Conservation of wooded hills, habitat of chimpanzees in Bossou, Guinea, West Africa
Located in the Lola Prefecture, the forest hills of Bossou (320 ha) are part of the Nimba Mountains Nature Reserve, listed as a UNESCO World Heritage Site. The vegetation covers at the foot of these hills is connected to small adjacent forests that are home to a community of chimpanzees, a critically endangered species. Bossou and the surrounding villages are a rare example of a site where chimpanzees and the local population have coexisted relatively in good harmony for several generations, sharing the resources of the same forest.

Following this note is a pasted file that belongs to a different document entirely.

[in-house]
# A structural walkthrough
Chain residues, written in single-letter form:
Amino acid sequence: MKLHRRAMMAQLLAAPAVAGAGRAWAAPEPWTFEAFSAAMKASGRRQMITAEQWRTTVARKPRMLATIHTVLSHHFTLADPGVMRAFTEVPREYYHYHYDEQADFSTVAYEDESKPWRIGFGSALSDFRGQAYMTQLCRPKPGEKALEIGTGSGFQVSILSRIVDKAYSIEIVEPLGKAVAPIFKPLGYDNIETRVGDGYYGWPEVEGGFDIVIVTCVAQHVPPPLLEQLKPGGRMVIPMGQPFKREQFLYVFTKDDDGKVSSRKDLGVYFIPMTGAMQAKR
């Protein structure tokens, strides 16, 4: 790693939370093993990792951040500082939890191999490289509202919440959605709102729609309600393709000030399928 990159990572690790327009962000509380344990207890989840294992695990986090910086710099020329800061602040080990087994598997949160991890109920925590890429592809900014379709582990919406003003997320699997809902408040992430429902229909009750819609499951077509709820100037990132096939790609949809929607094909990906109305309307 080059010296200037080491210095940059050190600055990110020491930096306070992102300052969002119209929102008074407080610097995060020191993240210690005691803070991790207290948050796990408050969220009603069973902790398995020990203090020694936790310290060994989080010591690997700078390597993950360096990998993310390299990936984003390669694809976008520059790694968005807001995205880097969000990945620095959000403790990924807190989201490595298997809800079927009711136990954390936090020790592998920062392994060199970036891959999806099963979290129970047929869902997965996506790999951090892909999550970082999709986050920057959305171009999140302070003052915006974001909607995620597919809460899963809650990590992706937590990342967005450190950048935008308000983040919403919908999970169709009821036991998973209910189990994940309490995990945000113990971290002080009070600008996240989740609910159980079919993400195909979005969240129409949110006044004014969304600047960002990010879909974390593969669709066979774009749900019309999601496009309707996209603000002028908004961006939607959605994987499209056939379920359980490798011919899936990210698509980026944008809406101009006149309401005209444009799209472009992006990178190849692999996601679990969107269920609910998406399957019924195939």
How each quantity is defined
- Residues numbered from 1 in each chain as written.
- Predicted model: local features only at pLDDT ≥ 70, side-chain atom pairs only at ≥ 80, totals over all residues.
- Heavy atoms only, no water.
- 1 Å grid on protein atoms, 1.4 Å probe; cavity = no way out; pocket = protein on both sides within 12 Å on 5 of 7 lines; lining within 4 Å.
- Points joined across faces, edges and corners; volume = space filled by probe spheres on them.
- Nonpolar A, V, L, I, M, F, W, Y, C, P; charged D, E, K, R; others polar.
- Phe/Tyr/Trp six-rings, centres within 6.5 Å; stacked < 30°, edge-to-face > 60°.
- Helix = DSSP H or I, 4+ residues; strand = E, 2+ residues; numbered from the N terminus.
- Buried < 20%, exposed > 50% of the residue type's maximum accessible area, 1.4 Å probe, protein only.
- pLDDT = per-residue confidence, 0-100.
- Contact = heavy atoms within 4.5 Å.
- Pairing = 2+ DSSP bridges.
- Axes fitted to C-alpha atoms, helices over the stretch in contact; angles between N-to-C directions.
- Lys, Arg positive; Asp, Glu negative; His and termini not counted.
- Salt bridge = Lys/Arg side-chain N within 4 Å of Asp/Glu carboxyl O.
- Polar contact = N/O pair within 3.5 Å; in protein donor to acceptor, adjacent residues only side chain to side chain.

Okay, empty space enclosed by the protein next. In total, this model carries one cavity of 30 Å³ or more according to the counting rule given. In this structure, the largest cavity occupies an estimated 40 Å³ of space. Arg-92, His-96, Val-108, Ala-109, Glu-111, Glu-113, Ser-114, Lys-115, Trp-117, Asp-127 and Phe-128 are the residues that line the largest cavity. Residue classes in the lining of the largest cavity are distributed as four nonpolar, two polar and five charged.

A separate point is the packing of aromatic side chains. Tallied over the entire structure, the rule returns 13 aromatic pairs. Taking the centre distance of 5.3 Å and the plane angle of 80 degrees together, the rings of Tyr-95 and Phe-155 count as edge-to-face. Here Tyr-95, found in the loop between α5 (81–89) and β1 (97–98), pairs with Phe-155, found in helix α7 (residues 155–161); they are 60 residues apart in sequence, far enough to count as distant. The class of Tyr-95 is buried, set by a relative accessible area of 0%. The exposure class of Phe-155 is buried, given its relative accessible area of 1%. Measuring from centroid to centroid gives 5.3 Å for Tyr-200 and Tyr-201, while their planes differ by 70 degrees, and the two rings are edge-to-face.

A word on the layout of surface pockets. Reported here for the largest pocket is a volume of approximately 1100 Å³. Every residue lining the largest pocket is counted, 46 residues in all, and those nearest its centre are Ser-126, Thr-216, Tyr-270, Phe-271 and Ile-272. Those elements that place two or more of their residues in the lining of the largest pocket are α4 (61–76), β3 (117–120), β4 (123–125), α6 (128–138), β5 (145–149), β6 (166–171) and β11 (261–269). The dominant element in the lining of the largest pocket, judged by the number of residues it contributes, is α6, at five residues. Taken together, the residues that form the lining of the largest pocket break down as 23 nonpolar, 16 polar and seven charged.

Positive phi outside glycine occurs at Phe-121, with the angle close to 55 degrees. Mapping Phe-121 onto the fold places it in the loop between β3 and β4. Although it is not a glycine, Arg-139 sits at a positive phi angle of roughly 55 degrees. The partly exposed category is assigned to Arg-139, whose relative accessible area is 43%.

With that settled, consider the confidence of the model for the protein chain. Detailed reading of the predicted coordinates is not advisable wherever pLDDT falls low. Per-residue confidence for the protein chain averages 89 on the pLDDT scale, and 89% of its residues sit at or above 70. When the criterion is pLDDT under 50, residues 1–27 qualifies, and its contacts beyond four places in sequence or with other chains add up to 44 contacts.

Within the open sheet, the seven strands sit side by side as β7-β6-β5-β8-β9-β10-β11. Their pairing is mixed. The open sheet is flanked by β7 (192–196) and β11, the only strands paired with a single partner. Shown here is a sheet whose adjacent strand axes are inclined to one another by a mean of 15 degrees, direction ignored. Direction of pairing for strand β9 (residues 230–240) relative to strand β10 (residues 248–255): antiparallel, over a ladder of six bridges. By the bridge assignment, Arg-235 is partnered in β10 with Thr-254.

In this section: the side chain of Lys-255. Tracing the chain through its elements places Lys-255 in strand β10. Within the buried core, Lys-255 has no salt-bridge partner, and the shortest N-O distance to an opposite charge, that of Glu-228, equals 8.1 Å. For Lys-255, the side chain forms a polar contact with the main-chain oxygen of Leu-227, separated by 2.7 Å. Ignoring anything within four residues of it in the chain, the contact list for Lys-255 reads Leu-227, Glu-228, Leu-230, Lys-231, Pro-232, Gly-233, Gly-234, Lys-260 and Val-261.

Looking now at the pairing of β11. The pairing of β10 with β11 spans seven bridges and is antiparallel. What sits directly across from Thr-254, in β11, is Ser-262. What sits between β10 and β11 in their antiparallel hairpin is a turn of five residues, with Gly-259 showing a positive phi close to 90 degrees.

Despite long-term protection efforts, Bossou’s chimpanzees are currently isolated from the chimpanzee populations of the neighboring Nimba Mountains, which creates a serious problem of viability for this community. The patches of natural forest that these hills still bear have been damaged, however the habitat has been under intense pressure and poses a serious threat to the survival of chimpanzees.
In view of this situation, the NGO AUDER in partnership with the PPI is providing support to the Bossou Environmental Research Institute (IREB) in its program to restore the green corridor.
The project aims to: (i) Increase the knowledge of communities on threats to the habitat of chimpanzees to promote their participation in conservation efforts; (ii) Prevent and ensure the management of bush fires around the corridor and in neighboring communities; (iii) Improve the efficiency of the reforestation effort underway in the corridor, carry out agro-forestry plantations and (iv) Promote best agricultural practices through the development of income-generating activities (IGA).